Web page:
Question on classes / methods


#1
class BankAccount(object):
  balance = 0
  def __init__(self, name):
    self.name = name
  def __repr__(self):
    return "%s's account. Balance $%.2f" % (self.name, self.balance) 
  def show_balance(self):
    print "%s's account. Balance $%.2f" % (self.name, self.balance)
  def deposit(self, amount):
    if amount <= 0:
      print "Error can not despoit 0 dollars"
      return
    else:
      print "You are despoiting: $%.2f" % amount
      self.balance += amount
      self.show_balance()
  def withdraw(self, amount):
    if amount >= self.balance:
      print "Can not withdraw more than your balance!"
    else:
      print "You are withdrawing: $%.2f" % amount
      self.balance -= amount
      self.show_balance()
      
      
my_account = BankAccount("bob")
my_account.show_balance()
my_account.deposit(2000)
my_account.withdraw(1000)

So I have a few questions.

Question 1:

def __repr__(self):
    return "%s's account. Balance $%.2f" % (self.name, self.balance)

Why do you need to write self.balance as such instead of just balance? in def __repr__(self):, I didn’t pass balance into it so why does it need to be self? Is it because of the variable defined in class BankAccount is a member variable of the entire class?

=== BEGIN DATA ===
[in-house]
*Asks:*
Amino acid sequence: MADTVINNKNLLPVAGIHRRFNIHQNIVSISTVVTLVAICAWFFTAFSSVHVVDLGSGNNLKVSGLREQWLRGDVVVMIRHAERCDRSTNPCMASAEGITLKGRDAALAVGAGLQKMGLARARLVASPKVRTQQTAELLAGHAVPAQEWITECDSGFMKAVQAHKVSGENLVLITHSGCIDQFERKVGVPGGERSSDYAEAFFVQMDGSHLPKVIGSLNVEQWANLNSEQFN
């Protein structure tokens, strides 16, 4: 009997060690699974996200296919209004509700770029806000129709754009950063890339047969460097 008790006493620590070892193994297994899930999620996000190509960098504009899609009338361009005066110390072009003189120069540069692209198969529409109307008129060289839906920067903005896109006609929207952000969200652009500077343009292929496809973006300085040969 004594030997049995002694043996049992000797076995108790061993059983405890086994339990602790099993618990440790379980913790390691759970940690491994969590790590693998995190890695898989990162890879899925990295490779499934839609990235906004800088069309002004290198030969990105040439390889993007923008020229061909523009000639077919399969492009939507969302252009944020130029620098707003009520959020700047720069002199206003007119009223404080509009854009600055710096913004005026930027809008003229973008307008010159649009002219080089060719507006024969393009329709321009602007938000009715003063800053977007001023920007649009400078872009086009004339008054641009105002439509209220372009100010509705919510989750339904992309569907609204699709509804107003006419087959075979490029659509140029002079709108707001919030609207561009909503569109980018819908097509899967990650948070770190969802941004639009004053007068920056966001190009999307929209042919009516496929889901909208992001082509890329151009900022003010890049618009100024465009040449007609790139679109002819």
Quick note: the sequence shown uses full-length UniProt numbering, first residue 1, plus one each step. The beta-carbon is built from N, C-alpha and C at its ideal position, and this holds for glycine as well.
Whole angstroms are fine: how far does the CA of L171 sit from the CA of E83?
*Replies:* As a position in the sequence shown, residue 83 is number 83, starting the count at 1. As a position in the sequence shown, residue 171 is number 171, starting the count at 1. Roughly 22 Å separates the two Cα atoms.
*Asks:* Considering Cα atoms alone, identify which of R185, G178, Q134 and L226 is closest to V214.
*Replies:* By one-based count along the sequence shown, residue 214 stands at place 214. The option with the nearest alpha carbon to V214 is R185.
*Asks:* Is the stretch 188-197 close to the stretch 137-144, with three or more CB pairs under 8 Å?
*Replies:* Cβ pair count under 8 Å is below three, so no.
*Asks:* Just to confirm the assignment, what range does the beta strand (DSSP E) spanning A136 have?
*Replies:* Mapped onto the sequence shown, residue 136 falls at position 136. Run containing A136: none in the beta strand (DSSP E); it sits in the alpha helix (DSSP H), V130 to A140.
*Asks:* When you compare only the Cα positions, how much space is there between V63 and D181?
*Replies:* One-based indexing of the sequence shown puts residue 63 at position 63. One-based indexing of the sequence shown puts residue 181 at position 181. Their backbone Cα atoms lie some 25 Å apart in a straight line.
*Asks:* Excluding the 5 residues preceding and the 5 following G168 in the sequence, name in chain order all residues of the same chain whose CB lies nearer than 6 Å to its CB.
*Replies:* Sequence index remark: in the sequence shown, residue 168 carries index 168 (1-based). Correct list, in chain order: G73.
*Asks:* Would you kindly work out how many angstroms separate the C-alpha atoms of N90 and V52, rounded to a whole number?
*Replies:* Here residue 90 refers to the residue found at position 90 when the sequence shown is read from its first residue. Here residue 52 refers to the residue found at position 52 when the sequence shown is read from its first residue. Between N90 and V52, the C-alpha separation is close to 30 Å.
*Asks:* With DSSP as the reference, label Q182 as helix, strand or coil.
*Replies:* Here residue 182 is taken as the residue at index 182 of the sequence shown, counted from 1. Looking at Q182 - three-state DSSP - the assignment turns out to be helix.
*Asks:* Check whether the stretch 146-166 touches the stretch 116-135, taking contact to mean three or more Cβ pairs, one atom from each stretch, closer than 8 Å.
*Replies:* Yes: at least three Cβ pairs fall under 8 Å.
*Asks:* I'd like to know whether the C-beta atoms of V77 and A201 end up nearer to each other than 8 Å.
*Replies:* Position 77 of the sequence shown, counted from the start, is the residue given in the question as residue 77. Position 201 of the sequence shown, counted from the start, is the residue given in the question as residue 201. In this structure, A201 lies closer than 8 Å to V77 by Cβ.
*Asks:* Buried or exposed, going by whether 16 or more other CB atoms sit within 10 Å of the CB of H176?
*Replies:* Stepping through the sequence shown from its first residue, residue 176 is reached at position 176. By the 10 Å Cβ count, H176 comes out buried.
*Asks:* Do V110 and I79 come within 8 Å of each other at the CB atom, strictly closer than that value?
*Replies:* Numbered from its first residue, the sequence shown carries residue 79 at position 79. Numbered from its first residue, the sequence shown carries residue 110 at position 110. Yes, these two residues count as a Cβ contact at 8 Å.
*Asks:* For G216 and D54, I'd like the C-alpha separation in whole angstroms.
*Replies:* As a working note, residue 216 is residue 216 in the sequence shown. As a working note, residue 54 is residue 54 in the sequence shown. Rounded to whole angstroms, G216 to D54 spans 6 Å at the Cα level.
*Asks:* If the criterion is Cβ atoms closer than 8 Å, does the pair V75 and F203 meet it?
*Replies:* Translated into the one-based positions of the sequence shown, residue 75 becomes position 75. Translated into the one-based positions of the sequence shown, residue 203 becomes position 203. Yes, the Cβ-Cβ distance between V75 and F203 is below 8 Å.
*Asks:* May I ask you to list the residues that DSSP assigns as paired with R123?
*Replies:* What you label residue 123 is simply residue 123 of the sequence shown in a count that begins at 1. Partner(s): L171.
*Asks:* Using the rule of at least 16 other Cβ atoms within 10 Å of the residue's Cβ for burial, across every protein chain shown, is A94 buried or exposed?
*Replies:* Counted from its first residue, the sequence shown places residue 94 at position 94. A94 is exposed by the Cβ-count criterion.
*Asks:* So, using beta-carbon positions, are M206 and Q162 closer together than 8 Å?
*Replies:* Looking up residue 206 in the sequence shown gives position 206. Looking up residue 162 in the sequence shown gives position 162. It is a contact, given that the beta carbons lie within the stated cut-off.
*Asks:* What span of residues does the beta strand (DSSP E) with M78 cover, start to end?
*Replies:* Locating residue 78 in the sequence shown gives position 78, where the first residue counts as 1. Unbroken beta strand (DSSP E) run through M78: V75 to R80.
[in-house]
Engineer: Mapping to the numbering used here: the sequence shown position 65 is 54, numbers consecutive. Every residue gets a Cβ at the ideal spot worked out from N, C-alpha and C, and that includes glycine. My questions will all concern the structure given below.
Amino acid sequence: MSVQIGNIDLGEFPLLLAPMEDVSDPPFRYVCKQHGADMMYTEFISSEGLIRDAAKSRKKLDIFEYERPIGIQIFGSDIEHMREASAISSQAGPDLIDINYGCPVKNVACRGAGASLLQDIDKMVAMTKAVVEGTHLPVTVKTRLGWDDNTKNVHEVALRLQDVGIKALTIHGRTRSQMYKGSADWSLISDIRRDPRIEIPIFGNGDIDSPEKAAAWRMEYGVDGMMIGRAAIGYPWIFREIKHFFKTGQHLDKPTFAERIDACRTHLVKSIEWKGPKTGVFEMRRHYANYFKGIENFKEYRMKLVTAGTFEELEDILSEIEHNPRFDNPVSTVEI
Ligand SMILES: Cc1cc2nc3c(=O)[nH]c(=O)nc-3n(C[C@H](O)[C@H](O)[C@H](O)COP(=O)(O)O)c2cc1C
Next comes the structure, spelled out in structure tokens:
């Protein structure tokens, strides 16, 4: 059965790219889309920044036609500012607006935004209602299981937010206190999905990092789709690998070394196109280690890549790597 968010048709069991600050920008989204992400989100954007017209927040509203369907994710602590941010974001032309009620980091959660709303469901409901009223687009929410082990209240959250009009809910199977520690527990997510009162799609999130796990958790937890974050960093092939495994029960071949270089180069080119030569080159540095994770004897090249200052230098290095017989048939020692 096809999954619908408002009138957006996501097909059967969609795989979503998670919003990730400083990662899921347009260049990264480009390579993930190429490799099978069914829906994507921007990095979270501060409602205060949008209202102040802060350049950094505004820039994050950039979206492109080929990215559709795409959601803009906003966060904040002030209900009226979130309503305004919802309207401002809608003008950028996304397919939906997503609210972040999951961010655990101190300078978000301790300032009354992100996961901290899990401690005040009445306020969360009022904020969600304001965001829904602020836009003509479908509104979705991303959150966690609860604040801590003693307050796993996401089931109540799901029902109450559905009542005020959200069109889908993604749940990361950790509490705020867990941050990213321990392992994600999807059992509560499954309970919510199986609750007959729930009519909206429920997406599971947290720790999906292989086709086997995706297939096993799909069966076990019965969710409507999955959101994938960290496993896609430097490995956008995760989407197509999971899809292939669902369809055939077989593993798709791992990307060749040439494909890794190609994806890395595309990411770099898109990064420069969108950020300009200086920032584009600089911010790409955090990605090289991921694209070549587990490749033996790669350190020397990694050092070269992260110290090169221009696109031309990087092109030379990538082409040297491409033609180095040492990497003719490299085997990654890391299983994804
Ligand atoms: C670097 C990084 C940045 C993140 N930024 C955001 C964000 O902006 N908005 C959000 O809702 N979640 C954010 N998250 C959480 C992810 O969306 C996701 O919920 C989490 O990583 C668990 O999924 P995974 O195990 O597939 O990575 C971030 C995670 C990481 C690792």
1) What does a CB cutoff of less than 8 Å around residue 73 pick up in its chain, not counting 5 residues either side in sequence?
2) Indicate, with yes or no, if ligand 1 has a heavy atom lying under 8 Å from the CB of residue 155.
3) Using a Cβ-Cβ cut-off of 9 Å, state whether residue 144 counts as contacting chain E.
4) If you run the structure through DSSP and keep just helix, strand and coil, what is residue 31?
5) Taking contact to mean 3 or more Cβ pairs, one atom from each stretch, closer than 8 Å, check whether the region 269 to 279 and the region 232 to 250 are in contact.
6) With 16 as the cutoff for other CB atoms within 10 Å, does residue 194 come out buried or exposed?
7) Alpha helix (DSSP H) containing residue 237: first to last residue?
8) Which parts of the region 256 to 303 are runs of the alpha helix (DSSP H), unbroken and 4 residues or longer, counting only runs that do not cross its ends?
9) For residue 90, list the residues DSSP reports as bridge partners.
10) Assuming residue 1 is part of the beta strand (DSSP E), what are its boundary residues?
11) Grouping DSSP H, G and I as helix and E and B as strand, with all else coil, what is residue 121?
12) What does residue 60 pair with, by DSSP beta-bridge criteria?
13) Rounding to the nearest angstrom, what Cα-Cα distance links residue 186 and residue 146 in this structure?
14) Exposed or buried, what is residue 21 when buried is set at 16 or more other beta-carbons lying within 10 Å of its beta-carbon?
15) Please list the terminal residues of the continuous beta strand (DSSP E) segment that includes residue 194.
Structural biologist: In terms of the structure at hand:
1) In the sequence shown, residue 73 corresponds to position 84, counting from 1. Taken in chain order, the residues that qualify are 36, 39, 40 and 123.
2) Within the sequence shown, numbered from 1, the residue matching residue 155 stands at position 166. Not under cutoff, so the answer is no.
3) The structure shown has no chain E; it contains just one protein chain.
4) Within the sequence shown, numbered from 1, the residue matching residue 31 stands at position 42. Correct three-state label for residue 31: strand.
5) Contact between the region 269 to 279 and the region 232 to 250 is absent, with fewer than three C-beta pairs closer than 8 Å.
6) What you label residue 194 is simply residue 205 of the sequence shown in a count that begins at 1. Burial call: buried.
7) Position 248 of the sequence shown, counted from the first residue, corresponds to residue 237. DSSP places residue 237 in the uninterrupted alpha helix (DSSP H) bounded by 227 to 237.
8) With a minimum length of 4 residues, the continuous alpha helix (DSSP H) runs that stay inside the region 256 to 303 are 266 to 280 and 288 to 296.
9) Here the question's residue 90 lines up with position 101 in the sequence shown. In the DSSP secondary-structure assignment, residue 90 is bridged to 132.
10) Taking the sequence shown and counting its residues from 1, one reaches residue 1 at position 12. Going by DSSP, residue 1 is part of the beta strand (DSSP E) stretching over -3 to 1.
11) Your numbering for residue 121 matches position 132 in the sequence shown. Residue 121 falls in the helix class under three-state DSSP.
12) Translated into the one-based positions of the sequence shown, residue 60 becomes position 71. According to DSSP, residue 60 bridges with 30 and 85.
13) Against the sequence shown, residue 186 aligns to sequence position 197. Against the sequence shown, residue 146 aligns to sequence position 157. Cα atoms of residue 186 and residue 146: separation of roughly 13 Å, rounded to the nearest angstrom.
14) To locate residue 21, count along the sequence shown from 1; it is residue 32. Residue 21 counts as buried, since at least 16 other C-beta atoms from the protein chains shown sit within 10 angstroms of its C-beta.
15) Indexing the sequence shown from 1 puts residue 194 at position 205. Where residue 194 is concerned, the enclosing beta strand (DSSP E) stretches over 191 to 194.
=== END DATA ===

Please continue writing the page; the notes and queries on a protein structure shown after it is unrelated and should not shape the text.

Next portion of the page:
Question 2:
Why do you call everything as my_variable.class(parameter/object) like:

my_account = BankAccount("bob")
my_account.show_balance()
my_account.deposit(2000)
my_account.withdraw(1000)

Question 3:
Why is print "You are despoiting: $%.2f" % amount not print "You are despoiting: $%.2f" % (self.amount) like print "%s's account. Balance $%.2f" % (self.name, self.balance)?


#2

Q1: You put self in front of each variable because those are dependent upon what self is. Basically, the self parameter is a placeholder for the name of a BankAccount object. Each BankAccount object has its own member variables, so using any using self.randomvariable is necessary. Balance is not defined anywhere on its own. The value of balance is contigent on whatever self is. After all, bob.balance and steve.balance could have different values.
Q2: Each of those functions: .showbalance(), .deposit(), and .withdraw() are functions that are only available to BankAccount objects. Also, it’s similar to using .upper() and .lower() on strings, we don’t do upper(my_string) or lower(my_string).
Q3: When you call my_account.deposit(amount) and my_account.withdraw(amount), amount is not saved as a member variable of my_account. The amount is a parameter that represents a value that will you place into the function and reference as the function runs (but you will not need to keep this value after the function has done its job. Basically, in this program, two values are saved to every BankAccount object: name and balance. Those are the only two values that can be accessed; however, these values can be changed by calling the functions my_account.deposit(amount) and my_account.withdraw(amount) with a certain parameter amount. After the account is updated, there is no need to store the exact amount transferred for later. If you want, you could record the amount by adding more member variables like lastpurchase1, lastpurchase2, etc.